Rate the light for quality of construction:
Rate the light for design and ease of use. How simple was the light to use?

Simple in principle, but the small, stiff button is hard work.

Rate the light for the design and usability of the clamping system/s
Rate the light for waterproofing. How did it stand up to the elements?

IPX7 is good – you don't need to worry about it unless you fall in a canal.

Rate the light for battery life. How long did it last? How long did it take to recharge?
Rate the light for performance:
Rate the light for durability:
Rate the light for weight:
Rate the light for value:

Tell us how the light performed overall when used for its designed purpose

It's big, bright and reliable. Shame the button is so awkward.

Tell us what you particularly liked about the light

Big lens, great run-time in full power, bright, reassuringly solid and easy to attach.

Tell us what you particularly disliked about the light

Small, stiff and low-profile button takes a lot of force to use.

How does the price compare to that of similar products in the market, including ones recently tested on

At £52 this is more expensive than a host of very good lights, but it does offer extra – the fantastically tough build, extremely bright Day Flash and usefully long run-times being the main benefits.

Did you enjoy using the light? Button aside, yes.

Would you consider buying the light? Yes

Would you recommend the light to a friend? Yes

Use this box to explain your overall score

Unless you're looking for the lightest and sleekest design, this is ideal. It's big, bright, rugged and easily attached to bikes or bags. It also lasts an impressively long time in its headline mode. A bigger, taller and less-stiffly-sprung button would help this to a higher score instantly, though – this is tough to use, especially in gloves or with cold fingers.

Overall rating: 8/10

About the tester

Age: 48  Height: 183cm  Weight: 78kg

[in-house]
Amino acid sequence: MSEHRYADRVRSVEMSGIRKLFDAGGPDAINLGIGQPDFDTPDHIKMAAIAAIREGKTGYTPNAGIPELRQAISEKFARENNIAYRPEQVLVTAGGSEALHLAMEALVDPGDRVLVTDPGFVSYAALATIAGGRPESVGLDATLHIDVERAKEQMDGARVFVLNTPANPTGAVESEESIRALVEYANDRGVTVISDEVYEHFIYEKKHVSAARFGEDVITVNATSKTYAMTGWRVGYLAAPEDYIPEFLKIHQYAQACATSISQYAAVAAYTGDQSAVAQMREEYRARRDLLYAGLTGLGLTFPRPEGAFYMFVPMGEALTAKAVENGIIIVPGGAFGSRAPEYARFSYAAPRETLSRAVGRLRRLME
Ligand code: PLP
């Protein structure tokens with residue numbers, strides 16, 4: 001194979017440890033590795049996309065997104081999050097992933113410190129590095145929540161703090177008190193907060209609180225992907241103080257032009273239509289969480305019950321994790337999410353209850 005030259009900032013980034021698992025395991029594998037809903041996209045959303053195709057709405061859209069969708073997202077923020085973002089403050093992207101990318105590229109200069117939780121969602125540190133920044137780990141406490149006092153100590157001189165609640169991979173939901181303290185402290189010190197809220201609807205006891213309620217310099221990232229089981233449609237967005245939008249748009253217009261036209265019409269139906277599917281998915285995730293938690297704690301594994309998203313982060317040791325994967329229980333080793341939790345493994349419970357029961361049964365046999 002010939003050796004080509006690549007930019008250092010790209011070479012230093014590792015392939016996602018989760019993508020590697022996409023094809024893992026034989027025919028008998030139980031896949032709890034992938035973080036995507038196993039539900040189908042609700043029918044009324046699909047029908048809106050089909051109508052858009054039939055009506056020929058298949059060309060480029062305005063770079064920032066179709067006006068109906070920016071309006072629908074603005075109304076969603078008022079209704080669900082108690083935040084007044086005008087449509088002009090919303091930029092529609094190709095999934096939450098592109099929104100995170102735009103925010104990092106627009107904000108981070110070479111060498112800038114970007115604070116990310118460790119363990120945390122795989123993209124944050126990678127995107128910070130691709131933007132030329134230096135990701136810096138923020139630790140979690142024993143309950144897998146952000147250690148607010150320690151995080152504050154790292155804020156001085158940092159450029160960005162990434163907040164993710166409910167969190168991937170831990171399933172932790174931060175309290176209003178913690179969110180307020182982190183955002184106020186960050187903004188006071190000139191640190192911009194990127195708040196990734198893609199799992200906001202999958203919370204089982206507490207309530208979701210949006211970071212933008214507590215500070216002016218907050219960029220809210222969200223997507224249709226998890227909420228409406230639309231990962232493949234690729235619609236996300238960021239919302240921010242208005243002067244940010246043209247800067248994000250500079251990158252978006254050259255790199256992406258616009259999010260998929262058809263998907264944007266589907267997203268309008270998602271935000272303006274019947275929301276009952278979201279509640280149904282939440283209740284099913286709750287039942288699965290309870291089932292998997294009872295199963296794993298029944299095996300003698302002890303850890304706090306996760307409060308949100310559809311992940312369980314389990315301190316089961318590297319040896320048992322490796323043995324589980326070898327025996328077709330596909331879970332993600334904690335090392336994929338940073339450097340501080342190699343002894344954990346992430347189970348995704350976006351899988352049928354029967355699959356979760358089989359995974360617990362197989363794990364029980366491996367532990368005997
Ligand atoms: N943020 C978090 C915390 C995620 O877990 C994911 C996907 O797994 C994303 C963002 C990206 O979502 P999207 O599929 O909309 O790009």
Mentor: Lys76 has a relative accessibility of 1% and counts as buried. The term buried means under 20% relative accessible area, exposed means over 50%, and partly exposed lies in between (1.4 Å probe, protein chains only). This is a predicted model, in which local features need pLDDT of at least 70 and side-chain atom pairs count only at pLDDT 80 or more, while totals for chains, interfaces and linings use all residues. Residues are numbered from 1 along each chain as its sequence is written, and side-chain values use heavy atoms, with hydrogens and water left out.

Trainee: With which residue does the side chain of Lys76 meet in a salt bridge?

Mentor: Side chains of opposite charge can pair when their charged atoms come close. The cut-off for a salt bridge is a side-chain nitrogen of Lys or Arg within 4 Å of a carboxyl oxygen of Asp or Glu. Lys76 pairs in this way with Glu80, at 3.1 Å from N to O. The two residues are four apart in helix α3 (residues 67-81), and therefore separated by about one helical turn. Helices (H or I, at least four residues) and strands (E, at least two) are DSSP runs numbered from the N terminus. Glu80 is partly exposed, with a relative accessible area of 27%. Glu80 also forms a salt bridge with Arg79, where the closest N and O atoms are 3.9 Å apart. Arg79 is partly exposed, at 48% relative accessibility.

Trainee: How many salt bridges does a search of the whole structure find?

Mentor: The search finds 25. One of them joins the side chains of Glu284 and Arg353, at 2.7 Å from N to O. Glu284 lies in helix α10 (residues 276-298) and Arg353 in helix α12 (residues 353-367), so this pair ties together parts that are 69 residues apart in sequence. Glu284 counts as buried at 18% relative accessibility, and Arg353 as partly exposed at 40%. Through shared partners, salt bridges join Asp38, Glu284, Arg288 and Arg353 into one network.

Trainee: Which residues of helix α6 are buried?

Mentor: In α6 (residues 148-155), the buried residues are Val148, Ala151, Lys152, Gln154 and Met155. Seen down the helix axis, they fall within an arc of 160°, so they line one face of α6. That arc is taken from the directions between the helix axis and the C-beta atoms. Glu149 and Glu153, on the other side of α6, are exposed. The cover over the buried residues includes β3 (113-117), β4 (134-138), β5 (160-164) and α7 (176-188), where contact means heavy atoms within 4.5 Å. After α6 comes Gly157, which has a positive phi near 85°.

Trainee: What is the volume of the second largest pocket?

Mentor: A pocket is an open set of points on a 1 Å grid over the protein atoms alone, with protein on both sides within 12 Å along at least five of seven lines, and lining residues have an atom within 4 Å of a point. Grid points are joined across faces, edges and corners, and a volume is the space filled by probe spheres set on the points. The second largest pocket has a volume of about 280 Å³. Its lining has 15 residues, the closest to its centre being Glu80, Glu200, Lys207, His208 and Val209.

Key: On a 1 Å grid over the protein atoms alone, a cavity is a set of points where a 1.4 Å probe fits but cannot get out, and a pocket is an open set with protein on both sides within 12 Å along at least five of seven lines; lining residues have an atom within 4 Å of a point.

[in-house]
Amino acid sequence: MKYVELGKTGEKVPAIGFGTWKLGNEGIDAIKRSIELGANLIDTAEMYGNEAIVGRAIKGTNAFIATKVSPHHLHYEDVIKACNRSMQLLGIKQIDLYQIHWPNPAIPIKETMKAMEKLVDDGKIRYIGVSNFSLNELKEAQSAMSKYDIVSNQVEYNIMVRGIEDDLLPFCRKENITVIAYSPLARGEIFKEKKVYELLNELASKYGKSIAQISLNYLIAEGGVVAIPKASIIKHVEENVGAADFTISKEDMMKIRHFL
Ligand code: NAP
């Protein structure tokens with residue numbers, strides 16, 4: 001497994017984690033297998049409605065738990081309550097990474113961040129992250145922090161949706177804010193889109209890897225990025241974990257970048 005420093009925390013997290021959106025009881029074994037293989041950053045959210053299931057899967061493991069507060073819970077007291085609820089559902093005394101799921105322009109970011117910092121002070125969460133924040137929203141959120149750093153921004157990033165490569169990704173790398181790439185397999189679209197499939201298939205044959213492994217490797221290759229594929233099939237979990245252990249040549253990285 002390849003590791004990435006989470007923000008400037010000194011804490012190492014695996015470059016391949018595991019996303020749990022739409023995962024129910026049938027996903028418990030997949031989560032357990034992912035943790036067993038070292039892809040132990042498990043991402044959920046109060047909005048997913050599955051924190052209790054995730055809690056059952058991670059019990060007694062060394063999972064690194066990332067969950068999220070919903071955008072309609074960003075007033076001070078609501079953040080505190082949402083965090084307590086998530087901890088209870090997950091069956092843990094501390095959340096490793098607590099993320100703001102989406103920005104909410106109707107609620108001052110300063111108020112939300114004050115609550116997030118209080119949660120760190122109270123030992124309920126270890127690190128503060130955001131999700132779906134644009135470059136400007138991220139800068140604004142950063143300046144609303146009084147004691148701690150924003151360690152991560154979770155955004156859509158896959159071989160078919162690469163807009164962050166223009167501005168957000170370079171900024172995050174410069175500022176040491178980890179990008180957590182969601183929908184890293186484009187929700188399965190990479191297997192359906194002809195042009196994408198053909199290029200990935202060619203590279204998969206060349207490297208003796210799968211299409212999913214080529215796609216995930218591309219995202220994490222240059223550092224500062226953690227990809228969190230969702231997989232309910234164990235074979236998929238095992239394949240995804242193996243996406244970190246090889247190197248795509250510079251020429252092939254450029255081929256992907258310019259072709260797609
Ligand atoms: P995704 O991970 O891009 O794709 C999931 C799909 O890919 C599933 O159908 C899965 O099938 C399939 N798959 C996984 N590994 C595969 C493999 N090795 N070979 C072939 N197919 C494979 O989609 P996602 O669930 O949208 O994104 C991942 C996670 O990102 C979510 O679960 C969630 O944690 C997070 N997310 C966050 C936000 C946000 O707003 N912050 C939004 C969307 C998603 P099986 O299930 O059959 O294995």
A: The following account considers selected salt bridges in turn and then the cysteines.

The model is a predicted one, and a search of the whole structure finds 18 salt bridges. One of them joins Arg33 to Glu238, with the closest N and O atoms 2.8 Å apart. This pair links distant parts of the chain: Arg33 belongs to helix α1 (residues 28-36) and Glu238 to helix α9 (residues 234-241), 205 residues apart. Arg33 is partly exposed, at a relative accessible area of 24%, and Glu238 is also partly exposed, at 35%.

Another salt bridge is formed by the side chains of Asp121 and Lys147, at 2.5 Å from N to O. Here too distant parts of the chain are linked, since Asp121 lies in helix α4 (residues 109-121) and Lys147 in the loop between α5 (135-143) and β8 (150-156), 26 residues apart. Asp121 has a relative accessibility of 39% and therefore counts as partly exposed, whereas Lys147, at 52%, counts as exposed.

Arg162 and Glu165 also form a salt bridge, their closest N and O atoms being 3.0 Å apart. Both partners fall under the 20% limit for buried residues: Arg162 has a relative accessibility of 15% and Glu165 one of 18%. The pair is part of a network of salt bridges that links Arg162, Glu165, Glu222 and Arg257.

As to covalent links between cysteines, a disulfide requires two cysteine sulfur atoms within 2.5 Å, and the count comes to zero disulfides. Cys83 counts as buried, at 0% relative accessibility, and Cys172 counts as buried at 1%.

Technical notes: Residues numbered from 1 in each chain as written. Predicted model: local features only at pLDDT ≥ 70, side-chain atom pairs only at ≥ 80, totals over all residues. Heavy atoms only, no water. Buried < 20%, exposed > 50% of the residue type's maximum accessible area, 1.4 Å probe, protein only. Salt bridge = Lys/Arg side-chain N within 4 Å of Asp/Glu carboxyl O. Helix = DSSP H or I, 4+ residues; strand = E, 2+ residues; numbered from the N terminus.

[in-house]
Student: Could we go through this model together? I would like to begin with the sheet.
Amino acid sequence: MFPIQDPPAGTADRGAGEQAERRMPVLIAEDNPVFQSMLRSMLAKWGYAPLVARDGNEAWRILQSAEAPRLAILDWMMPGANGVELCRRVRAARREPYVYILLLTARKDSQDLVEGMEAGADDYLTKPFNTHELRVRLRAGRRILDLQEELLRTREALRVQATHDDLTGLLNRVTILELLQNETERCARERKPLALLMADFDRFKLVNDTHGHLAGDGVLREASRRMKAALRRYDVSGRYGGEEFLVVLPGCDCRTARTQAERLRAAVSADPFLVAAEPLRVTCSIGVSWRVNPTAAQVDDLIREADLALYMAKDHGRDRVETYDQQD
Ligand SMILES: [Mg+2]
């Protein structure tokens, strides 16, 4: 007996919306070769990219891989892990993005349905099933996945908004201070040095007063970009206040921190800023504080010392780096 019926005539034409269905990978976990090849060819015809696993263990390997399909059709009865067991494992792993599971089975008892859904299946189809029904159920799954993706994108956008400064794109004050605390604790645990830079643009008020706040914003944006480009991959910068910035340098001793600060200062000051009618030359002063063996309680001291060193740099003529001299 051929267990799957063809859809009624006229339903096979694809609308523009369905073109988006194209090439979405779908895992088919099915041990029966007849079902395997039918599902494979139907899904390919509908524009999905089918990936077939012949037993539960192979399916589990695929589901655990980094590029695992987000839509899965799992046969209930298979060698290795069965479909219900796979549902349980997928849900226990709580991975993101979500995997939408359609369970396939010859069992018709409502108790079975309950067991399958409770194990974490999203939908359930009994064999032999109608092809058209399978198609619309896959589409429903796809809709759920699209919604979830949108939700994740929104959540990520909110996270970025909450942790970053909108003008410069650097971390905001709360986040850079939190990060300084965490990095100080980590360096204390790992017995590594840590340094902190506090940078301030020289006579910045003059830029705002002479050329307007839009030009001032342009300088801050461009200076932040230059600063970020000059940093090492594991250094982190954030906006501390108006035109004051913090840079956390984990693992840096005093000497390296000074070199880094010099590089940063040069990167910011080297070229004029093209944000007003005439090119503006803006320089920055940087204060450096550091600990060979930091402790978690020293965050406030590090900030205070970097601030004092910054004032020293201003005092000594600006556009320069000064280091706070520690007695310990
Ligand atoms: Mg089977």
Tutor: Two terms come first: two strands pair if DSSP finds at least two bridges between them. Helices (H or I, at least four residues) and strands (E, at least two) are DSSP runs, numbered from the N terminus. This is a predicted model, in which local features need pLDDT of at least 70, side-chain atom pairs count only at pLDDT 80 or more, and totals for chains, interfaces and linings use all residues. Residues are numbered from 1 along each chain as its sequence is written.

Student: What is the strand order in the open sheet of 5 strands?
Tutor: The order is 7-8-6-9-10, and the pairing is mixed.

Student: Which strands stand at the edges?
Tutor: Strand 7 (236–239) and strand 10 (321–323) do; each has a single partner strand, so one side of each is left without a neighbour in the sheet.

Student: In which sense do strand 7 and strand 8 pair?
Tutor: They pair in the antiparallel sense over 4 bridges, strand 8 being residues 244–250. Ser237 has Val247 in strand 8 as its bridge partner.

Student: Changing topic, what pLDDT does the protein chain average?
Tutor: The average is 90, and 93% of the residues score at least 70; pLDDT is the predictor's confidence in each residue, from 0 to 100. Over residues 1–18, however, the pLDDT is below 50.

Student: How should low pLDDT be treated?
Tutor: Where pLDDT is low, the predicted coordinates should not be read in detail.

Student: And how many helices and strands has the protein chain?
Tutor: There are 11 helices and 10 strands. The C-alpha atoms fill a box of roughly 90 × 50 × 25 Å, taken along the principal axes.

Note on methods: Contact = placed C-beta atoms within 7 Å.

I usually ride: Vitus Zenium SL VR Disc  My best bike is:

I've been riding for: 10-20 years  I ride: A few times a week  I would class myself as: Experienced

I regularly do the following types of riding: general fitness riding, mtb,

Add new comment


yupiteru | 6 months ago

When it comes to lumens and brightness the inverse square law applies so that any lumen figure needs to be multiplied by four to see double the light output.  This is becuse the perception of luminance is logarithmic not linear.

So for example a light of 250 lumen would have to be 1000 lumen for it to be theoretically percieved as twice as bright. 

Of course things are not quite as simple in the real world because when comparing different lights the figures quoted are not usually offered with a reference of how they were measured and you have to take into account the lens design and the type and shape of the 'beam' given out etc.

To put it simply, I would suggest not to be taken in purely by lumen figures when chosing a light, better off looking at others lights around you on other bikes and if you see one that stands out ask the rider what it is and put on your short list before you decide.

Saying that, one the locals has the 'old' version of this light and it is very effective but not as bright ( to my eyes at least) as my old Magicshine MJ-818 which is 'only' rated at 85 lumens.

Secret_squirrel | 6 months ago

Theres also a gazillion knockoffs of this design available online for silly money that seem to do a decent job...  Mine came from PlanetX.

Latest Comments